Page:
The Midwife Bayonet Charge of Leningrad (1943)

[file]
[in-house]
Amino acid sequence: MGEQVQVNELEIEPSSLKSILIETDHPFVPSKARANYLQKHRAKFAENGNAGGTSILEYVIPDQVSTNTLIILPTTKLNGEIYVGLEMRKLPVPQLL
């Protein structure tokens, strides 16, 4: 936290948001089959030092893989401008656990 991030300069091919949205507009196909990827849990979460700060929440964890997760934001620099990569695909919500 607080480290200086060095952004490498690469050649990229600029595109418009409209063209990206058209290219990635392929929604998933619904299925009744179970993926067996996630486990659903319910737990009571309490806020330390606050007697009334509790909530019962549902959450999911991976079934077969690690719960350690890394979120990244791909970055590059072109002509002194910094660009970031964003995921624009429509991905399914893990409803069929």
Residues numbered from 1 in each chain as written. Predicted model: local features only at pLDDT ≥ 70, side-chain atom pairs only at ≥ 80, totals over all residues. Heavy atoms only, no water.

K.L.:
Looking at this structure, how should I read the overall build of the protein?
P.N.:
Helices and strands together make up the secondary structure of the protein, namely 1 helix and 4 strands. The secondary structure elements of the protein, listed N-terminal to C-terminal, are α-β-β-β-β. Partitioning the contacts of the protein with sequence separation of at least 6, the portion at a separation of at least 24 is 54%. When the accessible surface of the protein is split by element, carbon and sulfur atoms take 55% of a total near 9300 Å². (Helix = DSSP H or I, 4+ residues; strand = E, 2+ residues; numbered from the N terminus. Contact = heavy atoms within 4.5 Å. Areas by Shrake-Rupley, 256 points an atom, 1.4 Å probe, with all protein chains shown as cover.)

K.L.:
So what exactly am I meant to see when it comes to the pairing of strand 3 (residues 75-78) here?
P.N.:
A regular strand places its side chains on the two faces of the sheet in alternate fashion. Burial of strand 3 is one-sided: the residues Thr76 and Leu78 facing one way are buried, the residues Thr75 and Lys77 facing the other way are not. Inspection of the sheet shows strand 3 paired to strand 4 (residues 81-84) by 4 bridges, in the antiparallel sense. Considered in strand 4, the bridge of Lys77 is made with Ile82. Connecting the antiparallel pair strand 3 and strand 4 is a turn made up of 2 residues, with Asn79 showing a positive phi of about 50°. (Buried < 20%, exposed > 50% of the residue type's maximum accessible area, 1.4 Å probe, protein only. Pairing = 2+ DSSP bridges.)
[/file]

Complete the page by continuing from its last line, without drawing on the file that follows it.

Anna Petrova (1910-2000) related this story to a Russian friend of mine, who has asked me to write a short piece about it. Anna Petrova was from Leningrad, and in 1930, she trained as a Midwife. During September, 1941, Leningrad had far more Midwives than was usual, because a Midwifery Conference was being held in that city. This involved probably around 100 Midwives gathered from hundreds of miles around to attend special lectures regarding the latest Soviet science related to conception, pregnancy and childbirth. There was also lectures about the psychological well-being of both men and women during times of child production. These Midwives were effectively ‘trapped’ in the city between September 1941 and January 1944 (together with millions of ordinary citizens) following the Nazi German siege.  This siege would become one of the bloodiest battles of the entire ‘Great Patriotic War’ (1941-1945), with Soviet died and wounded amounting to around 4 million (including military and civilian figures). As the Nazi Germans encircled the city, supplies of food and medical supplies were meagre or non-existent, and starvation was common place. The Midwives carried-on delivering babies and caring for women – but the circumstances were appalling and the mortality rate was distressingly high. Midwives were being killed by enemy action, disease and starvation. By 1943, there were only 60 of the Midwives left, with only 40 still able-bodied. These Midwives had been seconded into the defending garrison of the Red Army and effectively ‘militarised’. They received slightly better rations, and were trained in the use of the rifle and bayonet. In early January, 1943, the commander of Midwives was asked to gather together a voluntary force that was to stage a bayonet charge West of the city – to an area where medicines and baby food was thought to have been placed for collection. All 40 of the able-bodied Midwives volunteered, and on the given date, the bayonet charge was initiated at dusk across no-man’s land. The Nazi Germans sent-up flares and unleashed a vicious bombardment, but the Red Army did its best to protect the Midwife Force. Around 20 Midwives survived the charge and located the supplies which they loaded upon their backs before making the hazardous journey back to the their own lines. By the end of the action, 18 Midwives carrying heavy supplies made it back to the relative safety of Leningrad. Their sacrifice meant that a number of Soviet children (and their mothers) would survive the siege and would go on to live a long and happy life following the war. Anna Petrova was one of those surviving Midwives. Each Midwife received the ‘Order of Lenin’ for their bravery (as did the Midwives who died in the action). Hurrah for the Soviet Midwives!

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